They first modeled the intelligence questions to create one “latent” (unobserved) measure, called “g”. The uncertainty in creating “g” is then ignored in all subsequent analysis. They did the same for the attitude questions, creating a “latent” (actually unobserved) variable called “conservative ideology.” Uncertainty in its creation is also ignored. Then the individuals’ education and socioeconomic status and separately their parent’s socioeconomic status (which again were the results of models) were put into a model with “g” and “conservative ideology” to predict “racism” (the uncertainty of which, as was already said, was ignored). The picture below summarizes their findings.
Lo, they found small p-values. The authors appear unaware that samples of this size are practically guaranteed to spit out small p-values.
What makes the study ludicrous, even ignoring the biases, manipulations, and qualifications just outlined, by the authors’ own admission the direct effect size for “g” on “racism” is only -0.01 for men and 0.02 for women. Utterly trivial; close enough to no effect to be no effect, their results statistically “significant” only because of the massive sample size.
The effect size for “conservative ideology” directly predicting “racism” is higher (0.69 and 0.51). But all that means is that the questions the authors picked for these two attitudes are roughly correlated with one another. In other words, “None of the political parties would do anything to benefit me” is crudely correlated with “I
wouldn’t mind working with people from other races” and so forth.
Yet the authors have the temerity to conclude, “These results from large, nationally representative data sets
provide converging evidence that lower g in childhood predicts greater prejudice in adulthood and, furthermore, that socially conservative ideology mediates much of this effect.”
Truly, statistics can “prove” anything.
Thanks to reader Jonathan Woolley who suggested this study.
Update I saw, on one website which linked to my criticism, a criticism of my criticism (get it?): “The subjects in the test were given a fifty question questionnaire and only 13 questions are used, and this jackass is complaining about that?” I am the “jackass.”
This articulate person (language warning on the link) says that social scientists mix in red herring questions with “real” ones so that interviewees can’t figure out what’s going on. This person also says that I was unaware of this. Not true. But even if I was, it would have been irrelevant.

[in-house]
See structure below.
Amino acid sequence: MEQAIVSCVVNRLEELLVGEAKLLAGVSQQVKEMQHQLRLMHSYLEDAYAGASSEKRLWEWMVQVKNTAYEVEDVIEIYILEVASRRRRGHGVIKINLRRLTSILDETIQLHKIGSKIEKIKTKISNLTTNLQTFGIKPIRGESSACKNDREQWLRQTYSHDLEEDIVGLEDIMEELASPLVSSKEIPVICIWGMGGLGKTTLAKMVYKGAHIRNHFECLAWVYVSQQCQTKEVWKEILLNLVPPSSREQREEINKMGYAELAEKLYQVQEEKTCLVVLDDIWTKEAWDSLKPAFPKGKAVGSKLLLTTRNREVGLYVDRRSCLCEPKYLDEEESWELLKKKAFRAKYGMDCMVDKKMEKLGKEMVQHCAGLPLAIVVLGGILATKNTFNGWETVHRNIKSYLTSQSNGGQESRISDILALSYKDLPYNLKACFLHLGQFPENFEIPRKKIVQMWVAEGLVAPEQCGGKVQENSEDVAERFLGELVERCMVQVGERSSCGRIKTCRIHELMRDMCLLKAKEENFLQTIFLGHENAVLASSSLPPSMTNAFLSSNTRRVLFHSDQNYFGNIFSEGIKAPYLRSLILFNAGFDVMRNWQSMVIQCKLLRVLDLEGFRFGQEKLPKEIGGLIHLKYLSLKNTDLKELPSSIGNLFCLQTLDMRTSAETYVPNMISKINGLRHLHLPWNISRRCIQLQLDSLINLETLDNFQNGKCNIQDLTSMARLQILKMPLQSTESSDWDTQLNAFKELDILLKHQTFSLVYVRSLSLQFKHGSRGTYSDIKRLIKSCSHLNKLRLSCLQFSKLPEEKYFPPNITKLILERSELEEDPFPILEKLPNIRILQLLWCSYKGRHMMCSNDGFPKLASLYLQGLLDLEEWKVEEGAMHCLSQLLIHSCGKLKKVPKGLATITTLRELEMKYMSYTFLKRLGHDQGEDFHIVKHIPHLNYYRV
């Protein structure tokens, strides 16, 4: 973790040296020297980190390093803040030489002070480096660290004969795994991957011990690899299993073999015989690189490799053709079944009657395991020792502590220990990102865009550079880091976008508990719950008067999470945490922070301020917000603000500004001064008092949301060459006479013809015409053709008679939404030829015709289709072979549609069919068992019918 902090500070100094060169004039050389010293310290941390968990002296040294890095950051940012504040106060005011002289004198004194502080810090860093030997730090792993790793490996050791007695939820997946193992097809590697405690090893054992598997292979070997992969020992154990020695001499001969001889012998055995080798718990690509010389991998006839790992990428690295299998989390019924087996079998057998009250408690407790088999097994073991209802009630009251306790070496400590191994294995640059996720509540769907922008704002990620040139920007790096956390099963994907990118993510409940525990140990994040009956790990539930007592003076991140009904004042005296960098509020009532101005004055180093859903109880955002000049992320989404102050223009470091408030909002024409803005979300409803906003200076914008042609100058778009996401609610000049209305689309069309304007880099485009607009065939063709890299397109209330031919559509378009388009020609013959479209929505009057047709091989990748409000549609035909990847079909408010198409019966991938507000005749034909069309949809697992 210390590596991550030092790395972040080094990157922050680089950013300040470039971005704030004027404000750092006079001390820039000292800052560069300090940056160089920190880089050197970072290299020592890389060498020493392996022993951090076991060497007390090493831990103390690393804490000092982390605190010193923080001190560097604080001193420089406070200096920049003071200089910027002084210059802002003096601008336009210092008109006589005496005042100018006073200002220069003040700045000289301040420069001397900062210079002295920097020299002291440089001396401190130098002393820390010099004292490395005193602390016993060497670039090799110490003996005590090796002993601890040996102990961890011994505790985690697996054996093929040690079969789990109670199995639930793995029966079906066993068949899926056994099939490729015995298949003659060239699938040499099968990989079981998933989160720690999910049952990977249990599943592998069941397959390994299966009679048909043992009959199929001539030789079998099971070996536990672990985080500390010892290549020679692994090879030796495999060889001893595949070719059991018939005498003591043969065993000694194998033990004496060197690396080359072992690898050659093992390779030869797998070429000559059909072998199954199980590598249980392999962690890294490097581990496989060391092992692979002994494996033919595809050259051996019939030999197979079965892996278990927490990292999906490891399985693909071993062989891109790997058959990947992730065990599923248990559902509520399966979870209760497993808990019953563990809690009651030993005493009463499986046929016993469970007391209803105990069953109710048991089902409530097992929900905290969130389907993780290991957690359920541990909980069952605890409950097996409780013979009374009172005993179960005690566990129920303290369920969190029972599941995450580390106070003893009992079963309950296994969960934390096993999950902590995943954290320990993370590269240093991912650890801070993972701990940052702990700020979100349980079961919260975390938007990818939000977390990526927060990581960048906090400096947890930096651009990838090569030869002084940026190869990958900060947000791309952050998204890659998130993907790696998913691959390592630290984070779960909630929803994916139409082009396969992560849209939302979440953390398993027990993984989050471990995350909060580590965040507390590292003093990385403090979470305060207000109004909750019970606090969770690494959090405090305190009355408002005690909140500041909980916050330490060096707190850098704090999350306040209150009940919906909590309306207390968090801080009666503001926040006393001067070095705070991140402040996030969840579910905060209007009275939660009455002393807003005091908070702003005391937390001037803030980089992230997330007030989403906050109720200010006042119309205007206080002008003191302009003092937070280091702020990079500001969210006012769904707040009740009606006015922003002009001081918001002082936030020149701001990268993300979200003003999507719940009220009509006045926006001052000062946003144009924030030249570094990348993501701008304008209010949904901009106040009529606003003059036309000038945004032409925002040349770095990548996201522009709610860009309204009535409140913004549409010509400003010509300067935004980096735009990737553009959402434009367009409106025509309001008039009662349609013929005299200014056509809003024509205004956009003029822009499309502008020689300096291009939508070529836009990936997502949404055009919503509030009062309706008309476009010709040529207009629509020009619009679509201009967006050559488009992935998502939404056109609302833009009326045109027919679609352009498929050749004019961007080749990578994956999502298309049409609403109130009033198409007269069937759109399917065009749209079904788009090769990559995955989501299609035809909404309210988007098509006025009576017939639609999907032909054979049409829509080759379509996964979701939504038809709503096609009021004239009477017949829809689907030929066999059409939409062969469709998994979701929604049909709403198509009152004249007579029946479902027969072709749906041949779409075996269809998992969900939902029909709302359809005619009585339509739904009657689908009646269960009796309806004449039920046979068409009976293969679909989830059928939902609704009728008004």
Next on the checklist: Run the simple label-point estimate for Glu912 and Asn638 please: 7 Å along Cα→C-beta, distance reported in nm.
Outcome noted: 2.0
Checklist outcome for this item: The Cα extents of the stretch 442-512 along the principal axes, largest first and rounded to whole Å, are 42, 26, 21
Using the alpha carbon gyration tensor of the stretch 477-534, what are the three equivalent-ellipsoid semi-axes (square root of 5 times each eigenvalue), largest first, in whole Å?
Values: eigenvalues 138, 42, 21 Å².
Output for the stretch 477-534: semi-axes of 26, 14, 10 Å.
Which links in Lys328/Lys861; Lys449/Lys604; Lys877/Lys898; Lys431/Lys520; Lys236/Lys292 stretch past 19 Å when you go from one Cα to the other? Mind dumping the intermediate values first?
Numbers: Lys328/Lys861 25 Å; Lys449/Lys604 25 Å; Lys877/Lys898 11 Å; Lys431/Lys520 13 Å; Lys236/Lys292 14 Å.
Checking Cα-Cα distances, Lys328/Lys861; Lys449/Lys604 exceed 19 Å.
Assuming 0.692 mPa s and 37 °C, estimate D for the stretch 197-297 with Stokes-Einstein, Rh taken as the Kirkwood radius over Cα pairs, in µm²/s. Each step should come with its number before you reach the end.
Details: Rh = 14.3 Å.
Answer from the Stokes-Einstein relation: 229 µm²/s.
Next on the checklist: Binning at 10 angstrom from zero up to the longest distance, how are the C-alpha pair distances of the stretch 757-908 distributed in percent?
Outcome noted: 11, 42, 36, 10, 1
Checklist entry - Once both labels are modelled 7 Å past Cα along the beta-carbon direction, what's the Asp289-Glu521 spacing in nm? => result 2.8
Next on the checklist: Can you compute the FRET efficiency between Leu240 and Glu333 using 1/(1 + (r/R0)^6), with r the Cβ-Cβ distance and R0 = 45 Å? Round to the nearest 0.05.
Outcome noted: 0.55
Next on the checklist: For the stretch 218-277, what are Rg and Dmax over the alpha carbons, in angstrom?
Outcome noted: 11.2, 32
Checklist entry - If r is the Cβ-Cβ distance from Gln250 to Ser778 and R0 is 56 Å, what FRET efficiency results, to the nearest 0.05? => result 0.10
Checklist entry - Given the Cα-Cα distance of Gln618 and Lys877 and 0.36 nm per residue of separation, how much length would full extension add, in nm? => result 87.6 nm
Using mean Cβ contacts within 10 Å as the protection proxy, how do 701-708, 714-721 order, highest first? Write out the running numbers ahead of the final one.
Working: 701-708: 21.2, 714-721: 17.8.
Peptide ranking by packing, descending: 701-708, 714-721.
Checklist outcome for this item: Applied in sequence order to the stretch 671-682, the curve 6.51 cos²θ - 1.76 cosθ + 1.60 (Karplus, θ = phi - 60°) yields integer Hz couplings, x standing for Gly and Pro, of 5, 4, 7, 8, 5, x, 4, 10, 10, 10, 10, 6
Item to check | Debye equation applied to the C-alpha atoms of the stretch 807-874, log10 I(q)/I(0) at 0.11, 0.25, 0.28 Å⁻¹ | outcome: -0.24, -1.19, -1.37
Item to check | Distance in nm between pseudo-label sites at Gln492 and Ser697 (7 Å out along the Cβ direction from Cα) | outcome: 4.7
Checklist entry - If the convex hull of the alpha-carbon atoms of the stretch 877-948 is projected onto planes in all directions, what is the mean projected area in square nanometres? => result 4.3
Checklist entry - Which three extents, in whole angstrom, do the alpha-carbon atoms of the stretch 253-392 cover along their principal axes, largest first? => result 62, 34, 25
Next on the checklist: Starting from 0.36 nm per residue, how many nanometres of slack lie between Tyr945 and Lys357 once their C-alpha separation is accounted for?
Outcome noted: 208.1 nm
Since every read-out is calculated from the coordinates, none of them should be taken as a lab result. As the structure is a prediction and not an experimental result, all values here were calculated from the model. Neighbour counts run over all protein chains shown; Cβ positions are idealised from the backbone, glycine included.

The point I made was we do not know how the questions the authors did use—it doesn’t matter how many others were rejected and why these were chosen—were used to create “conservative” and “racist” indexes. I have given examples of two questions which are at least ambiguous; there are more. “Conservative” and “racist” are defined as how the authors see them, and not necessarily how civilians and other scientists would see them.
See also my comments below: the models fit by the authors result in very small effects. These effects mostly have small p-values, but as I said above, small p-values are practically guaranteed in large samples (> 1000). And remember, none of the uncertainty in creating the latent “g” and other indexes are carried forward in their models: if if was, the effect sizes would decrease further (and p-values would increase).
And for the real kicker, if we then “integrated out” the parameters (the βs) and tried to predict whether a person with a low “g” would be “racist”—the reason given for the study—the effects would be lower still, probably negligible. The “direct effect” was already trivial, the “total effect” barely marginal.
Incidentally, if you don’t know, “latent” means unobservable (and uncheckable). Social scientists love using these kinds of models—structural equation models, factor analysis, etc.—because they are so fertile. Sprinkle a little data on them and publishable p-values a plenty will sprout instantly.